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Quick to listen

“Everyone should be quick to listen, slow to speak and slow to become angry” (James 1:19).

God wants us to be quick to listen for good reason. He knows that when we listen, we learn about our fellow human beings—who they are, where they are from, and what they have experienced. This information helps us love and serve them. This is especially true when we seek to share the truths of God’s revelation with those who have never heard them or have heard them incorrectly. To put it more simply: We are wise to listen when we evangelize.

This may be surprising to many Christians who believe that evangelism is all about talking. It explains one of the concerns I often hear: “I’m afraid I won’t know what to say.” Listening can help overcome this fear because listening not only demonstrates care and respect for a person but also goes a long way in informing what we say when we do speak.

This was brought home to me recently while I was filming a promotional video for upcoming worship resources. My videographer and I were walking the streets in search of people willing to answer the question, “How would you define a Christian?” I expected to hear a variety of answers. What I did not expect were the opportunities the Lord provided to converse with souls needing to be connected to their Savior.

There was Gavin—a young man who defined a Christian as “someone who believes Jesus is the Son of God.” He had been raised Roman Catholic but hadn’t been to church in years. However, he and his girlfriend had recently been talking about finding a church. We told him about two WELS congregations nearby.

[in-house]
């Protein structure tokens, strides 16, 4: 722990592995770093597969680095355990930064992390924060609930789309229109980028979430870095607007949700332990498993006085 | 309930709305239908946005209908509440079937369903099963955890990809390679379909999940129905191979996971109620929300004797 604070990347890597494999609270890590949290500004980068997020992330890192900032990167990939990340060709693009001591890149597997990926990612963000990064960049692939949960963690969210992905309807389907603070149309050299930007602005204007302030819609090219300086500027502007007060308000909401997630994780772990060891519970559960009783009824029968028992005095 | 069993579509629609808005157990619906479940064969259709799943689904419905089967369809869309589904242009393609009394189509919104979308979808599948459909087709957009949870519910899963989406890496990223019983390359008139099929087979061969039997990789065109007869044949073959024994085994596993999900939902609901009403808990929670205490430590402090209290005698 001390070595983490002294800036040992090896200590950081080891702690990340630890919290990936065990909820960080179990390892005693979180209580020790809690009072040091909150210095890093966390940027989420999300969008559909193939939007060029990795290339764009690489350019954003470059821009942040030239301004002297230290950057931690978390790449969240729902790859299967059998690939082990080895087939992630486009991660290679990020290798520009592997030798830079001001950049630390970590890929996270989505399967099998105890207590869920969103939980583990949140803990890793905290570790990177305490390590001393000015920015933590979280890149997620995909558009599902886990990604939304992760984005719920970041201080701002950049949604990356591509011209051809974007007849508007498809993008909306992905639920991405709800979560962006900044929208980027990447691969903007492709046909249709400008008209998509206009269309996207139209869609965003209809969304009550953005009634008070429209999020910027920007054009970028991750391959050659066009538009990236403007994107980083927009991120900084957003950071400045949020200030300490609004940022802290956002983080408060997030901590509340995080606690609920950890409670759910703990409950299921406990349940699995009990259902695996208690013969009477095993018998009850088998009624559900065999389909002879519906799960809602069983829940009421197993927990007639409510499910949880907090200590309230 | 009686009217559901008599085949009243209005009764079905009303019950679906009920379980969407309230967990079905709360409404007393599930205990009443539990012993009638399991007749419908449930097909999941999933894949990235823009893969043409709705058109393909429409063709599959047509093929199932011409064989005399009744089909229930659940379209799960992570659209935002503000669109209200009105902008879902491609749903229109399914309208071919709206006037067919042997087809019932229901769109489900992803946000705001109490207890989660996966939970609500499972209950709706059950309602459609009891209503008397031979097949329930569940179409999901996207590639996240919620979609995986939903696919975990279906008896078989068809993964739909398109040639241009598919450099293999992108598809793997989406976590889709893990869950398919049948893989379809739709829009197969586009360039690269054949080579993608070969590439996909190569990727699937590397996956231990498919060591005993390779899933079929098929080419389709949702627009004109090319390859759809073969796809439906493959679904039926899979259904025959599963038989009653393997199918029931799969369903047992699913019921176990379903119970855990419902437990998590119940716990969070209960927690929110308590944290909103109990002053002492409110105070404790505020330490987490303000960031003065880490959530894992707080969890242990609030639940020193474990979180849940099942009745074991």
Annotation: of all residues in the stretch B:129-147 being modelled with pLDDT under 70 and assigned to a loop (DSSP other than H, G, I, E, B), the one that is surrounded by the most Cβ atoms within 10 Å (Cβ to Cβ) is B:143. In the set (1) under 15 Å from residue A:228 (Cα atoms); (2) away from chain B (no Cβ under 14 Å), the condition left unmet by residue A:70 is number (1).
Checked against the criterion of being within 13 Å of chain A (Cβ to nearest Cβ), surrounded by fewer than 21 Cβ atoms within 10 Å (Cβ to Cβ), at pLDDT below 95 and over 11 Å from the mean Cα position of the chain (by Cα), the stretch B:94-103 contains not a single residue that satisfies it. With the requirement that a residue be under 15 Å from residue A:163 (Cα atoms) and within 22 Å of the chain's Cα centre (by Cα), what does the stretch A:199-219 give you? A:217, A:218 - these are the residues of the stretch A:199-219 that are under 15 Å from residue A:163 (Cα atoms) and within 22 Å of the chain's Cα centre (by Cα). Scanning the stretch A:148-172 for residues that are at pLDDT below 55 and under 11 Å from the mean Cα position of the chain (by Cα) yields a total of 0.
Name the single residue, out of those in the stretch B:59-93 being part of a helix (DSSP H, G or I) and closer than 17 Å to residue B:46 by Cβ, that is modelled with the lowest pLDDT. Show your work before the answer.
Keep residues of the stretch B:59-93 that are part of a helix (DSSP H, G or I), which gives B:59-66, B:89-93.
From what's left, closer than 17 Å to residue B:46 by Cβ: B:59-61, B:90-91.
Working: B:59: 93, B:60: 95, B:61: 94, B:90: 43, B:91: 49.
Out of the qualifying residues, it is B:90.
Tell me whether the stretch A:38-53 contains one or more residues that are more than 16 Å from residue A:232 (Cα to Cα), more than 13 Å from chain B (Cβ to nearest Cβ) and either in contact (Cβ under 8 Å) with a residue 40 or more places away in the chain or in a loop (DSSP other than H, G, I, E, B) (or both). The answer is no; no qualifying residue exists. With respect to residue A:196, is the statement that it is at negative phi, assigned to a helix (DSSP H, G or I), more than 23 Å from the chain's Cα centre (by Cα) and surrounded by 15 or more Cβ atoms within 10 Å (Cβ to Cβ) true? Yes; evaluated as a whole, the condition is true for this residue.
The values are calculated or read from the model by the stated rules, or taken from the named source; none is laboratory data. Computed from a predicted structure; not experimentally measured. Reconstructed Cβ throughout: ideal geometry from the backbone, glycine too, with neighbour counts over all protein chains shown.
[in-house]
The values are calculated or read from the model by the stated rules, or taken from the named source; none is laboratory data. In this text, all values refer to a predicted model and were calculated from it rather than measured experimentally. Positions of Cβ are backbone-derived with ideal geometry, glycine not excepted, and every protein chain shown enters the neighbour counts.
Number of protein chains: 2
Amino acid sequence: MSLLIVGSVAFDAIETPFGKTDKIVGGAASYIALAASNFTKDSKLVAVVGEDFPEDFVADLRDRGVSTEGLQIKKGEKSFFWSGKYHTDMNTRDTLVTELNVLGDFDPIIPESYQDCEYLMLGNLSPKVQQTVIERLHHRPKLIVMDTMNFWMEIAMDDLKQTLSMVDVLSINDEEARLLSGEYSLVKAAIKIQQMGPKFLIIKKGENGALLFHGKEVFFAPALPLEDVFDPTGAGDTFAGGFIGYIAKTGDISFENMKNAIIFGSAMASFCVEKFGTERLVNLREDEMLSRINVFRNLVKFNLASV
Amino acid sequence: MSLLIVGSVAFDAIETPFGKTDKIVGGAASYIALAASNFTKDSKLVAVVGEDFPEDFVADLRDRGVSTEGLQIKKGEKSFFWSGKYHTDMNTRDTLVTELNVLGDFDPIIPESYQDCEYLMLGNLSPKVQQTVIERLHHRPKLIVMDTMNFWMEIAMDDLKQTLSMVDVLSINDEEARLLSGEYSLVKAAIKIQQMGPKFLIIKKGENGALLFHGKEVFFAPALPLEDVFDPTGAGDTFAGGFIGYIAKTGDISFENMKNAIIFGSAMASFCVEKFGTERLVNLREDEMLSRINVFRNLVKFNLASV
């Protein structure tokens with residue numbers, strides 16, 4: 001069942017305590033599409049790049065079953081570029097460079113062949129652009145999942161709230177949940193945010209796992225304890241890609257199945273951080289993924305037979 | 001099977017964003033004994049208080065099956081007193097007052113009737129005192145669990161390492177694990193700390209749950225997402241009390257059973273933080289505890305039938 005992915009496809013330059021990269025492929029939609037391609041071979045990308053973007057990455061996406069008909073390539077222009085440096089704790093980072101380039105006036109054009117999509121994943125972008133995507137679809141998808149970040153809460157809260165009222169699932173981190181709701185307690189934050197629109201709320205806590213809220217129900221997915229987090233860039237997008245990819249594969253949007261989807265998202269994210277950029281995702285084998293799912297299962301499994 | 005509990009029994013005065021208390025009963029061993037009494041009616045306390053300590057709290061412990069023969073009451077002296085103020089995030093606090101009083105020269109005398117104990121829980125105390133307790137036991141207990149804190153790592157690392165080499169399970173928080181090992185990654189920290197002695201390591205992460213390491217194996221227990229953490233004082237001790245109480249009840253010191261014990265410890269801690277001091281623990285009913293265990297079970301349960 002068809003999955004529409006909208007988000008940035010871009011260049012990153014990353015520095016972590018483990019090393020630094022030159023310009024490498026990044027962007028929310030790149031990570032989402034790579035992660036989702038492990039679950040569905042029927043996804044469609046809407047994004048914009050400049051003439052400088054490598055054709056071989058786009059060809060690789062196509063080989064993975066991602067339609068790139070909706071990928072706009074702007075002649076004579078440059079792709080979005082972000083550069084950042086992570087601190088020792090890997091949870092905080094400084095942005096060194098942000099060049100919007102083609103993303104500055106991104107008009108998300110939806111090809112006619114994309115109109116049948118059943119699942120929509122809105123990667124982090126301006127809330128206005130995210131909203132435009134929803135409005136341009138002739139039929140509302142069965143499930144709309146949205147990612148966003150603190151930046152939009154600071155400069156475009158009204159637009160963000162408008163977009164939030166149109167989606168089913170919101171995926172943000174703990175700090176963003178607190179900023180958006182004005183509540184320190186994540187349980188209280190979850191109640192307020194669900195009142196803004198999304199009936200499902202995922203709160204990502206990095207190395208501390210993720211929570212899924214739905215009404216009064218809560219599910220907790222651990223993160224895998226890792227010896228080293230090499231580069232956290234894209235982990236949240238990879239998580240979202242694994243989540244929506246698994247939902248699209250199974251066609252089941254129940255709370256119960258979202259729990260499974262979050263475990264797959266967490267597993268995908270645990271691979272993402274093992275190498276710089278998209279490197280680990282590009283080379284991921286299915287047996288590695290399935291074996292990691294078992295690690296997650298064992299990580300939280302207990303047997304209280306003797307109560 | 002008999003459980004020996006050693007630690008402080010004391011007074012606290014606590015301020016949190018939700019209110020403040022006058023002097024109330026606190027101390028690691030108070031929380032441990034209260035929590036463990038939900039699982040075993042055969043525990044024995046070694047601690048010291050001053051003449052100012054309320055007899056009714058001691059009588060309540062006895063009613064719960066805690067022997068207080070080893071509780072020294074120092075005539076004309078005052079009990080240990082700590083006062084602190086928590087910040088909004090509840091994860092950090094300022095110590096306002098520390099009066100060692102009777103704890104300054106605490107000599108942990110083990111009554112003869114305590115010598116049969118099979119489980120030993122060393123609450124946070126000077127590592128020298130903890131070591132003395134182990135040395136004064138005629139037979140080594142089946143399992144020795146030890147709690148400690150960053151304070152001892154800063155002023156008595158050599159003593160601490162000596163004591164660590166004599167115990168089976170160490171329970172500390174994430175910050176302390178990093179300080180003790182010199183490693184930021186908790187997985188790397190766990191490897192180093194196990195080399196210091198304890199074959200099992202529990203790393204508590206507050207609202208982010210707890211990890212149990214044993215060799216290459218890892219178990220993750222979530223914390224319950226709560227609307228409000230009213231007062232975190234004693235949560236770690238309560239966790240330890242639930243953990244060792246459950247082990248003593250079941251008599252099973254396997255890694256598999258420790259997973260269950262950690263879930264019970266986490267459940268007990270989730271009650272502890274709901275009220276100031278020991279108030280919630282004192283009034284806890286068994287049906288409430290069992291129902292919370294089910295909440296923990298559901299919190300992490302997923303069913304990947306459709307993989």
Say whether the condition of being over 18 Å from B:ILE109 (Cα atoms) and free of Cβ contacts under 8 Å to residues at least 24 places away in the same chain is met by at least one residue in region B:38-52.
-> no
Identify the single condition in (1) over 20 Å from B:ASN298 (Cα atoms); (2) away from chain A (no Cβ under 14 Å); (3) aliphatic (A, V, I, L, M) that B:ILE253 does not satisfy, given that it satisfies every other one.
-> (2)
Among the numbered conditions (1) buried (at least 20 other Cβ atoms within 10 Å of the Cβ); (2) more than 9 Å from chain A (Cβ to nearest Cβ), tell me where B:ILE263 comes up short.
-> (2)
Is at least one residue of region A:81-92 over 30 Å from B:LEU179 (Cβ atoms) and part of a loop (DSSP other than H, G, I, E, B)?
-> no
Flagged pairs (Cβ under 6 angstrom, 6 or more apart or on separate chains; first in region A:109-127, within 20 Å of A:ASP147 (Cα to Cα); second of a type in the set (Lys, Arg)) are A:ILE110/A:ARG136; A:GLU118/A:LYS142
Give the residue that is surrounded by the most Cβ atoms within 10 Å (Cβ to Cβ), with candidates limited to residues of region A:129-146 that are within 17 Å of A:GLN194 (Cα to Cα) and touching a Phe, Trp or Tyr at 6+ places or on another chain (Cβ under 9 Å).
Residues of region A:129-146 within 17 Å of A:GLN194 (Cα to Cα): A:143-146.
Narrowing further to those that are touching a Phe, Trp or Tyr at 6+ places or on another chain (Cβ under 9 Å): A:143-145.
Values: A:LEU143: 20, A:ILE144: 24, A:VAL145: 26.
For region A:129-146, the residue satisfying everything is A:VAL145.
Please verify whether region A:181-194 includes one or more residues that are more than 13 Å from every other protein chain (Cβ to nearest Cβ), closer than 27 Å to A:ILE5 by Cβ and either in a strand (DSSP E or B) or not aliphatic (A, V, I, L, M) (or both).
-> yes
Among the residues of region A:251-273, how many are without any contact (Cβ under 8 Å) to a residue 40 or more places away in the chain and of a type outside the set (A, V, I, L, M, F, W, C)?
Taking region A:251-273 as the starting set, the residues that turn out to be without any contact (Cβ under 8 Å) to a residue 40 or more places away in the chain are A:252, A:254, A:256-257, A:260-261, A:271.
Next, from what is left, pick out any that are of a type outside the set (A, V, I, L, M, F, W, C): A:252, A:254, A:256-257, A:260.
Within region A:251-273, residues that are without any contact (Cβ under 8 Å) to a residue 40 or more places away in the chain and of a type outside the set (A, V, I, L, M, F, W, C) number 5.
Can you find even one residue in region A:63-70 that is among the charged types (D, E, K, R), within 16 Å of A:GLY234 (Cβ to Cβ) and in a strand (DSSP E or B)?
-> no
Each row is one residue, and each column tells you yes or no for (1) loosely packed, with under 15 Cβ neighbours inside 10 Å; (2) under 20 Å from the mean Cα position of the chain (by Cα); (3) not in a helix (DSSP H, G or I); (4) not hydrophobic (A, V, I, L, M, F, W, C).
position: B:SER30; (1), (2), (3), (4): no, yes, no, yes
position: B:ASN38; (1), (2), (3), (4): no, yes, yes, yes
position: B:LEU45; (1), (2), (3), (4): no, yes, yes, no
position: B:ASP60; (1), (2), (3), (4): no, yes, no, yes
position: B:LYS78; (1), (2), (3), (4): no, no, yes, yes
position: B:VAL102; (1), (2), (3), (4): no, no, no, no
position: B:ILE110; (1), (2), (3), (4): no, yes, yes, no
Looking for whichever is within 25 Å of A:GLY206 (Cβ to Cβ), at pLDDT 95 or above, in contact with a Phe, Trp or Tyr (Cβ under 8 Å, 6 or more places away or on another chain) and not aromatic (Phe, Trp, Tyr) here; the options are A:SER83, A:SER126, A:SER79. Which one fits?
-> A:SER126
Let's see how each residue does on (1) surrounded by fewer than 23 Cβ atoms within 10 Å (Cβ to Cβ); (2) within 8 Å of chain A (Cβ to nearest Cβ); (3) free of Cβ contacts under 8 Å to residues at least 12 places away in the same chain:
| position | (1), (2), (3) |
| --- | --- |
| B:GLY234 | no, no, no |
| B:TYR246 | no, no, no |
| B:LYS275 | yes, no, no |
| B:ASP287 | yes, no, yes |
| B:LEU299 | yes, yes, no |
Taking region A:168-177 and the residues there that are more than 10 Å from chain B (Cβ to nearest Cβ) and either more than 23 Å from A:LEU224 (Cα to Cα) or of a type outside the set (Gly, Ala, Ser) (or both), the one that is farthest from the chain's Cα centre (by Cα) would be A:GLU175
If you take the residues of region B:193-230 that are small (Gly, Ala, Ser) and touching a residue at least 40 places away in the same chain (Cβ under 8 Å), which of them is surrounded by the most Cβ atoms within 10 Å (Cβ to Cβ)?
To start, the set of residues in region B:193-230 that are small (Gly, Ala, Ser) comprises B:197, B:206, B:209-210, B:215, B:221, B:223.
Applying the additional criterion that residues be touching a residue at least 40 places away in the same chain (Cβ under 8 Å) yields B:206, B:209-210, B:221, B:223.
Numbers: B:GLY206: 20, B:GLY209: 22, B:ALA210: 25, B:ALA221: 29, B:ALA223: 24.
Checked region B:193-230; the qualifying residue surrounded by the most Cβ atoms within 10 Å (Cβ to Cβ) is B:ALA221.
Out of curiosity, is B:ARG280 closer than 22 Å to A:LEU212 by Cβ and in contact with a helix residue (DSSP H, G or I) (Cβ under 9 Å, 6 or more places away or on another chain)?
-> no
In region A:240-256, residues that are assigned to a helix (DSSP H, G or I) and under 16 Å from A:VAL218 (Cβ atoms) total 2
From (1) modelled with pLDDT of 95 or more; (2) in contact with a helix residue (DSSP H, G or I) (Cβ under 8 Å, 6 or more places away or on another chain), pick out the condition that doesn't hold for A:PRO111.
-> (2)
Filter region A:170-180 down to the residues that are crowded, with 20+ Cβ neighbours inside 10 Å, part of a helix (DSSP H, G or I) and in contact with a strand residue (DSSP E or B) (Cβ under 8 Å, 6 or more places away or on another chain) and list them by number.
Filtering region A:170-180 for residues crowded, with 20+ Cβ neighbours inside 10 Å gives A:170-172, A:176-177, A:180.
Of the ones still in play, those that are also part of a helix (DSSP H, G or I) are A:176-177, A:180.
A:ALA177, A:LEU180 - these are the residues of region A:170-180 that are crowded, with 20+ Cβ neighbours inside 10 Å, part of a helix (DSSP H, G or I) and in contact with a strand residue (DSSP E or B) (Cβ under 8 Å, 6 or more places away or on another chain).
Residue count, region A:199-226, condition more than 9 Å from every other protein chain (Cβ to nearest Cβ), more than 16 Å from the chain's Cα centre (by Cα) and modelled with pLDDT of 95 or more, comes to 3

Then we met Ryanna—a young woman with multi-colored hair, a pit bull, and a nose-ring sprouting devil’s tails. She confessed that she didn’t believe in God anymore and defined a Christian as someone who is “judgmental.” We asked what led her to this conclusion. She described attending a strict Christian school where she was told it was “wrong to watch movies” and that “pets don’t go to heaven when they die.” She was extremely friendly, but it was clear she had sworn off Christianity. However, she mentioned that her father had passed away just two weeks ago, and it had made her “think about these things.” I told her I would love to continue our conversation; she shared her number so I could set up a future meeting.

Then there was David. He defined a Christian as “someone who says one thing and does another.” He went on to explain that he was a liberal-minded, homosexual atheist. We listened for close to 15 minutes as he vented about the evils of anything Christian or conservative. He asked about us. I explained that I was a Lutheran pastor and my friend was a professional videographer. I told him I didn’t think there were enough conversations like the one we were having and that, if he would like, I would love to continue it. I gave him my phone number. He texted me later that night, thanking me for listening and asking if I would like to get coffee sometime.

Only the good Lord knows what might come of these conversations, but I was blessed to have had them. It reminded me that souls are out there, all around us, hurting souls, souls that need to be connected to Jesus.

The next time you encounter such a soul, perhaps the best thing you can do is . . . listen.

Author: Eric Roecker
Volume 110, Number 8
Issue: August 2023

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This entry is part 4 of 36 in the series editorial-comment

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